About this blog

This blog is all about fly fishing for native trout. On it I cover trip reports, fishing tactics, conservation, the latest news about native trout species and much more. This site provides a companion to my web page Nativetroutflyfishing.com.


Wednesday, December 24, 2008

Snow day Coho

For the past couple weeks, western Washington has gotten slammed by a winter storm. This has resulted in me getting plenty of fly tying done, but no fishing.  Blake and I decided that we both needed to get out to change this. The evening tide looked good so I met Blake and his friend Sam at the the top of my icy road and we made our way to a local beach.

A cold start - ice on the sound

When we arrived at the beach there was ice on the calmer water, but we were dressed plenty warm enough so we got to fishing. I didn't take us long to find a school of jumping resident Coho and we all started getting into fish. Fishing for jumping Coho is always a blast as the fish give away their location and it is simply a matter of putting a fly in front of their nose. When these fish decide that they want a fly it seems to be their goal to destroy it. I was using a new pink and red color variation of the Snot Dart that I came up with during my recent fly tying and it drove the fish crazy.
There were plenty of fish around

Sam got some too

Unfortunately, the amazing fishing could not last and as several seals moved in the school of Coho broke up, slowing the fishing way down. Although there would be an occasional jumper it became more of game of blindly casting and hoping that a fish would cross the path of one of our flies. Each of us picked up a couple more Coho, but Blake got the best fish of the day, a fat 16" male Cutthroat that was beginning to show its spawning colors. Unfortunately, this fish did not want to have its picture taken and slipped out of Blake's grasp as I was getting my camera ready.

Blake working the beach

By the time that the sun went down the fishing had completely died off and we all had numb fingers, so it was time to call it quits and make the icy drive home.

Friday, December 5, 2008

Olympic Peninsula again

After recent trip in search steelhead on the Olympic Peninsula, Blake and I decided to make another go at it today. We picked a river that we had fished a couple of weeks ago and seen some fish in, and planned on leaving bright and early. Blake was at my house by 4:45AM and we were at the river about the time the sun was up. We stopped at the lower part of the river, where a local gear fisherman tried to tell us that there were no steelhead in the river and the Chum never showed up this year. As we had just fished this river and knew from the last outing that there were indeed steelhead in the river and that there were a good number of Chum we didn't buy this story and knew it was just an attempt to drive the "new guys" away. However, it looked like the lower parts of the river were going to be busy so we decided that we would hike upstream above where we had fished on our last outing and check out some new water. The upper river was similar to the water that we had sampled downstream in November, but with a little more gradient. Once again we each brought a swinging and nymphing rig and while Blake started out tossing his nymph rig, I went for the swing.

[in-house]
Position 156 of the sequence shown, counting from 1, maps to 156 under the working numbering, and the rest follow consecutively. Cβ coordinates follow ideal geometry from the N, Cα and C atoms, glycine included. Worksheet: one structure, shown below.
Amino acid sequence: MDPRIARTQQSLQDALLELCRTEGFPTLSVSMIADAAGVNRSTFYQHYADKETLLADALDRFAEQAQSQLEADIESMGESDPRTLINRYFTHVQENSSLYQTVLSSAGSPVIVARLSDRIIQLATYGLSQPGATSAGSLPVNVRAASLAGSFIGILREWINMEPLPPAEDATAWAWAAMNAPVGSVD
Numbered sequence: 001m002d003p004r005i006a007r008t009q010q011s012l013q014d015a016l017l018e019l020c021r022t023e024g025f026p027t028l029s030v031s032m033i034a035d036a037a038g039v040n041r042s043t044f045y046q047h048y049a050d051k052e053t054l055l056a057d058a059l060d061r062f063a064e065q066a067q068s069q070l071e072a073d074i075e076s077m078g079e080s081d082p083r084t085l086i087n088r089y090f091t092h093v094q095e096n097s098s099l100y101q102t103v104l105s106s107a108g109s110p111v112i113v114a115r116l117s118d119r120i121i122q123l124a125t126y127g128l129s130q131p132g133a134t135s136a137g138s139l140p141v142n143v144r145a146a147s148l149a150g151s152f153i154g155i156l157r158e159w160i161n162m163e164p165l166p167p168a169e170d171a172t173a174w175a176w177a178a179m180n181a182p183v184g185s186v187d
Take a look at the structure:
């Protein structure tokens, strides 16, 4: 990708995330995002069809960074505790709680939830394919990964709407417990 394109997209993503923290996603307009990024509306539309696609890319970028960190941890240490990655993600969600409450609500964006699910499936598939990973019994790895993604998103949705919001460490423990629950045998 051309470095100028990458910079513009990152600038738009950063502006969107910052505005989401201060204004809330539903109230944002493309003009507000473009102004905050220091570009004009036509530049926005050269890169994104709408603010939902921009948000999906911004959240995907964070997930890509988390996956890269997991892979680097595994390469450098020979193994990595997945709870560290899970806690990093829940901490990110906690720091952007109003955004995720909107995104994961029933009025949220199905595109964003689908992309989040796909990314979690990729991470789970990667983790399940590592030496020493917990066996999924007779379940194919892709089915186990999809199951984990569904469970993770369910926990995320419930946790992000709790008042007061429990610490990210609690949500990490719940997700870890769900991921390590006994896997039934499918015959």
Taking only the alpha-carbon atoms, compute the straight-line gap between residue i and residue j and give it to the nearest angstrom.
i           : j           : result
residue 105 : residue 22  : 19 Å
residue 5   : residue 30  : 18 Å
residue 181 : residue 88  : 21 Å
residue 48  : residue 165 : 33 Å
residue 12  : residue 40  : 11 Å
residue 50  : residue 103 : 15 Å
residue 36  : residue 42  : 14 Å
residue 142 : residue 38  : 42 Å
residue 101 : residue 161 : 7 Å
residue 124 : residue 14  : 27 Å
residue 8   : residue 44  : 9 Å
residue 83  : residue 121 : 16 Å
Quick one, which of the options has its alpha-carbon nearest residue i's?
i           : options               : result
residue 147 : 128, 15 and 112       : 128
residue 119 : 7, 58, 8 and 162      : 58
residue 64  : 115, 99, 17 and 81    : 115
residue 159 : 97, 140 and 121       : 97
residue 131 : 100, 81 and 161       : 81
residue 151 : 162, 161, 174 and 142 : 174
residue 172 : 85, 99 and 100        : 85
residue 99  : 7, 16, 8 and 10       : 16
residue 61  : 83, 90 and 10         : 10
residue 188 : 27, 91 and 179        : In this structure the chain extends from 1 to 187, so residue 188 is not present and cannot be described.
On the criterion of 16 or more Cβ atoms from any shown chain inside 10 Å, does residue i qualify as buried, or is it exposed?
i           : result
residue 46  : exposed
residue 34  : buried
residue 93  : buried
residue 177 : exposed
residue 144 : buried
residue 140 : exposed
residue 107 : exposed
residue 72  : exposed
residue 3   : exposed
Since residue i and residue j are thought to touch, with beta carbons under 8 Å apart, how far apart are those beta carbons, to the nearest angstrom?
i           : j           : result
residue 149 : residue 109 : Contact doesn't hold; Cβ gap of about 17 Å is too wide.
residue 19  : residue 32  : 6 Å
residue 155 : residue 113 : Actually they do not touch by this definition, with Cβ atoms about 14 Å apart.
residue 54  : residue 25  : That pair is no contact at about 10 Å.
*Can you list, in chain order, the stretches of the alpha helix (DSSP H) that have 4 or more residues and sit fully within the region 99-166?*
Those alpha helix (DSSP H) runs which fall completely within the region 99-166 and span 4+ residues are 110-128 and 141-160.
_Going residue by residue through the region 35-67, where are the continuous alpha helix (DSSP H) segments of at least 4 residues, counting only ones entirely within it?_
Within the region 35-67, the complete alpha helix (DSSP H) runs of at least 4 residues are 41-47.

Blake working his nymph rig through a good looking run

The first couple holes and runs were unproductive, but a run little downstream was full of Chum Salmon. It was here that Blake caught a nice fairly bright female Chum that grabbed his pink and purple stonefly nymph. We were hoping that there would be some Steelhead or Cutthroat behind these fish looking for eggs, but had no such luck.

Blake with a female Chum caught on a Hotwire Stonefly Nymph

Chum vs. Otter... I Guess the otter won..

Below the Chum hole, we found a large pool in front of a logjam that had a handful of Coho holding in it. We worked through this hole hard and I had a small Cutthroat come up to the surface and attack my indicator, while Blake a had a take from one of the Coho but we didn't hookup. Unfortunately, things did not improve after this and instead got worse. While we had hiked a good distance upstream, apparently the gear fisherman from earlier had abandoned the lower river and hiked in just below us effectively cutting us off. The rest of the time on the river ended up being a fruitless search for water that we could have to ourselves and by mid-day we found ourselves out of good water and decided to call it a day at this spot. 

After leaving the river we decided to scout out the tidewater of a nearby creek, which was said to have a run of Steelhead and some decent sea-run Cutthroat fishing. We hadn't had a chance to check the tides before leaving home, and when we got to this spot the water was down a couple of feet below what would have been ideal for fishing.

Blake working the tidewater on the creek

The Olympic Coast at low tide

We tried a few casts, but the water was shallow and there was no sign of any fish. This creek definitely looked promising, especially for Cutthroat in the fall, so we added it to our "Spots to fish" list for another outing under more ideal conditions. After leaving the creek, we made the long trek back to Gig Harbor.